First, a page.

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    More than just a command post, ICP serves Camp Fire community

    More than just a command post, ICP serves Camp Fire community

    Photo By Spc. Amy Carle | The Incident Command Post briefing area sits empty between briefing sessions in Chico,...... read more read more

    CHICO, CA, UNITED STATES

    11.18.2018

    Story by Spc. Amy Carle 

    69th Public Affairs Detachment

    CHICO, Calif. -- “Dear Fire Fighters, Thank you for your service. I want to be one of you. Thank you for risking your life.”

    The simple thank you, written in a childish scrawl, is one of many letters posted on boards around the Blue Ribbon Fairgrounds, in Chico, California. The sentiment is repeated hundreds of times, on cards, drawings and posters. They have been hung on boards and fences throughout the area, which has been converted to the Incident Command Post (ICP) for Camp Fire response efforts.

    These heartfelt notes aren’t the only way the community is turning out to support firefighters and emergency crews. Every morning, a coffee company parks a food truck in front of the Information Center to give away free drinks. Fire fighters, their faces still ashy from 24 hours in their rigs, order lattes and mochas. They sip their warm drinks and check in with one another, sometimes just sitting in silence together.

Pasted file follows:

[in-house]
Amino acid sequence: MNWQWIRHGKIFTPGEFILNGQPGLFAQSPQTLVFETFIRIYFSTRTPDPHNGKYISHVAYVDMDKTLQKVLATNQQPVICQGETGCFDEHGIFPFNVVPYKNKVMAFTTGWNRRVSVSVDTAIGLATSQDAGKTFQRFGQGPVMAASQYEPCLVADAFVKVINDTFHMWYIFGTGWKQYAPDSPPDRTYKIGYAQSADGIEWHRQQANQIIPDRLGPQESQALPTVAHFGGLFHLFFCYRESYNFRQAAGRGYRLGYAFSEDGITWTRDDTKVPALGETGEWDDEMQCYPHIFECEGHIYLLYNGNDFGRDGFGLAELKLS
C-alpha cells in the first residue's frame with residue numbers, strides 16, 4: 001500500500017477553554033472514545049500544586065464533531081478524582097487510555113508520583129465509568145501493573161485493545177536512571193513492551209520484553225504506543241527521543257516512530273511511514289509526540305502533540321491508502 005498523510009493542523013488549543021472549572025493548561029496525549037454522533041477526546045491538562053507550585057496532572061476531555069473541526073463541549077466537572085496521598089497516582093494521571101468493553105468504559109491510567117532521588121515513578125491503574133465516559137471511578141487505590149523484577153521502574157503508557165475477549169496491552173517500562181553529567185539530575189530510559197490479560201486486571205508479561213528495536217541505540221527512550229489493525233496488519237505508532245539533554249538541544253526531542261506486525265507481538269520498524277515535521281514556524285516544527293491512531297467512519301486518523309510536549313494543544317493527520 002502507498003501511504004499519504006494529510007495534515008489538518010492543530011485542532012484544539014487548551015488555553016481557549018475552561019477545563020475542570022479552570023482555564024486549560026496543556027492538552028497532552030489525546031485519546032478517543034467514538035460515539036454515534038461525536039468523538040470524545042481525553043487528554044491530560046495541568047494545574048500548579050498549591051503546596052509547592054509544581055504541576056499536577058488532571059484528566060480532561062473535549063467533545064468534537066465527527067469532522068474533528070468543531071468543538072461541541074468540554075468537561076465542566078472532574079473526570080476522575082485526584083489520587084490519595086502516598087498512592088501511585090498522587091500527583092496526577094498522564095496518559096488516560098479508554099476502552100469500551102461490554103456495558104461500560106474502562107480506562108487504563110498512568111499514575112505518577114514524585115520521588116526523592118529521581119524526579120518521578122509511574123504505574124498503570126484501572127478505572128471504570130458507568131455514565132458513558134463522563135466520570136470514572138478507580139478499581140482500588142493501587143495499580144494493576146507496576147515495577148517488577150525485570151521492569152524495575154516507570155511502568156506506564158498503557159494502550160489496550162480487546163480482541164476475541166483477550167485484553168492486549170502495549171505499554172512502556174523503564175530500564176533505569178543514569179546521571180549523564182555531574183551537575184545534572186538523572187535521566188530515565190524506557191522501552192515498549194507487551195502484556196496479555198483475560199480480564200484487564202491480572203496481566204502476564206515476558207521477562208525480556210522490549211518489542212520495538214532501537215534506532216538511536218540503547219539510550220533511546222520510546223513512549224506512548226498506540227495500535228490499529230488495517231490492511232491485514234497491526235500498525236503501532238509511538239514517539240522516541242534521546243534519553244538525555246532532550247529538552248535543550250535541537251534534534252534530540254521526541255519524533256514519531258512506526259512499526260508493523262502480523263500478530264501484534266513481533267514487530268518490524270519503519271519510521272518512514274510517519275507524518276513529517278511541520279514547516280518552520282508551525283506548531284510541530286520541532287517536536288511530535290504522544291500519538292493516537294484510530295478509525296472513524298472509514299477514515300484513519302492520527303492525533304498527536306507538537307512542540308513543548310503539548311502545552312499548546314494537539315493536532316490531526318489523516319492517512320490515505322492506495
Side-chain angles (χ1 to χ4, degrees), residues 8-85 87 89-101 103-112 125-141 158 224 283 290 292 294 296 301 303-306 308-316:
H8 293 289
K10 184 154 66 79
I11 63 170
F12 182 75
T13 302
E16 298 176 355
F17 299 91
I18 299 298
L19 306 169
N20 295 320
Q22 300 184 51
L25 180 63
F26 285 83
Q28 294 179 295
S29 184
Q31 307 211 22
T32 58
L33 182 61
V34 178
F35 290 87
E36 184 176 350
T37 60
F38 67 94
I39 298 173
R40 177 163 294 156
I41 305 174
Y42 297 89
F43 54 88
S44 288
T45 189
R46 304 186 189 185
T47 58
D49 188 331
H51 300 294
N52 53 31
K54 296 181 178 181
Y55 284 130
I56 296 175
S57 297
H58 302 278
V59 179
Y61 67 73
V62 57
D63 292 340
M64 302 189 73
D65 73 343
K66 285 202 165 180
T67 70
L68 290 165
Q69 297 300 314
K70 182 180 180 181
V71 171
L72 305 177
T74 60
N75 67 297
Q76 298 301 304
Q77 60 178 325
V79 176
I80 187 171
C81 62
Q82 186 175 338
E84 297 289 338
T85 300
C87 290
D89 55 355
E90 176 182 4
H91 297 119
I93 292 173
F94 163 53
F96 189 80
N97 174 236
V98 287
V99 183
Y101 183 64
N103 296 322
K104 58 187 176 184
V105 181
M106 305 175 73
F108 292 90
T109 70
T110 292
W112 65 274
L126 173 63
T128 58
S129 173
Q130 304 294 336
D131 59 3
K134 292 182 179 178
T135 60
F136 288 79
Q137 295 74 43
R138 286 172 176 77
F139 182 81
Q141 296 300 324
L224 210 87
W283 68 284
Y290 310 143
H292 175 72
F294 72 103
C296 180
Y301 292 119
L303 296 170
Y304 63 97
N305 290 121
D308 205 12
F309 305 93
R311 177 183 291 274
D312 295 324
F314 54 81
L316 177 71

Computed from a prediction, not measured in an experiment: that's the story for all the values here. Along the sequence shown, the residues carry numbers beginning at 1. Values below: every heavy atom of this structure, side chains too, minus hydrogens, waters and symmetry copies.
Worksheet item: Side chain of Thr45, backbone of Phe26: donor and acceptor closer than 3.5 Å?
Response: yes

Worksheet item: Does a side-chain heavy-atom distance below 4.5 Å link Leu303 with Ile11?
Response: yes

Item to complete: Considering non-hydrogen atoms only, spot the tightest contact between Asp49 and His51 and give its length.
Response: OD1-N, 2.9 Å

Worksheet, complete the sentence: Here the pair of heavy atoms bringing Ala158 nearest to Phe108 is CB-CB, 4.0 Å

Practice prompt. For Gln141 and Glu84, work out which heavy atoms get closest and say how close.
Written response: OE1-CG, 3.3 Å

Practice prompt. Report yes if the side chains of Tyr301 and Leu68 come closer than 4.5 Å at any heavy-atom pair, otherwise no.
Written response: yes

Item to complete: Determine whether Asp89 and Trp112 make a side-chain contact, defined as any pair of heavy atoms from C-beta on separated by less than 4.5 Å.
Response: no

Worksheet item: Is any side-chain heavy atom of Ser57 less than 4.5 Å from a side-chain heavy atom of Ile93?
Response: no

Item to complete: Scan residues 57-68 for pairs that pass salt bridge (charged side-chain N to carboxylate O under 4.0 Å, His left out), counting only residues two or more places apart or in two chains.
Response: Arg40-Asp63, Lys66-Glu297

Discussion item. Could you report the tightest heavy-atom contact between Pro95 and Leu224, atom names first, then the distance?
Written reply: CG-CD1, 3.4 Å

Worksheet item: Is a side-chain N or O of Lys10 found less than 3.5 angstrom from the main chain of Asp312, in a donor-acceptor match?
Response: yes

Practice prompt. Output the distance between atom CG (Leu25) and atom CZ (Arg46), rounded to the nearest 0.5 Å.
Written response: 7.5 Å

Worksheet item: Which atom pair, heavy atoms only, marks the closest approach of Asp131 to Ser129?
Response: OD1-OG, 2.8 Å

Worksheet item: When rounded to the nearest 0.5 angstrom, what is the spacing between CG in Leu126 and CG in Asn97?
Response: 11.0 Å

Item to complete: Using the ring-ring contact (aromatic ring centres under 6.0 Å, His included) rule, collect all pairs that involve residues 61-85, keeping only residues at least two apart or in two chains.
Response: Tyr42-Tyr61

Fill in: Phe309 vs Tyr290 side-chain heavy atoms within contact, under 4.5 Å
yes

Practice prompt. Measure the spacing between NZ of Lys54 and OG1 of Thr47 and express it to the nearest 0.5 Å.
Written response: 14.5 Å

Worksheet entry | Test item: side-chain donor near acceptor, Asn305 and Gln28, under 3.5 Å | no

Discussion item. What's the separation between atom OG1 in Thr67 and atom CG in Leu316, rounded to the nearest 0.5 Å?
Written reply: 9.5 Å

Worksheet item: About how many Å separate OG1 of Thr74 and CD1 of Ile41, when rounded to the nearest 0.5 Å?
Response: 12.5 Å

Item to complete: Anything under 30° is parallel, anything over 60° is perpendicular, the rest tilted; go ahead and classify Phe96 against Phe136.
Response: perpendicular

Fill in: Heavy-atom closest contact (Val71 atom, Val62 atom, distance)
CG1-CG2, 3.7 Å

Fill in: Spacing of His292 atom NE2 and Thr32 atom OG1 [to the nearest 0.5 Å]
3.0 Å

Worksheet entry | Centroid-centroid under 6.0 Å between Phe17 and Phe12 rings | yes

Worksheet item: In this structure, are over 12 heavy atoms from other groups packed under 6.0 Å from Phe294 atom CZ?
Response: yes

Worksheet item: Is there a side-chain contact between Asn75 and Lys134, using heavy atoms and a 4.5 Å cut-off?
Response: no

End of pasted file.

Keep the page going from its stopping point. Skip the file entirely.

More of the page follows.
Local community members stop by with home pastries, hot meals and pallets of energy drinks to show their gratitude and support for the massive efforts underway as the fire continues to burn.

    “People come by here every day bringing baked goods and hot meals,” said Capt. Keith Wade, Public Information Officer with the Sacramento Fire Department. “We truly appreciate it, but we always tell them...we have what we need. The people who need your help are the ones who are affected by this.”

    Wade said that the area’s residents are looking to help in any way they can. The Public Information office tries to connect them with all the updated data available, including daily incident data, maps, and locations of donation points, shelters and public assistance centers.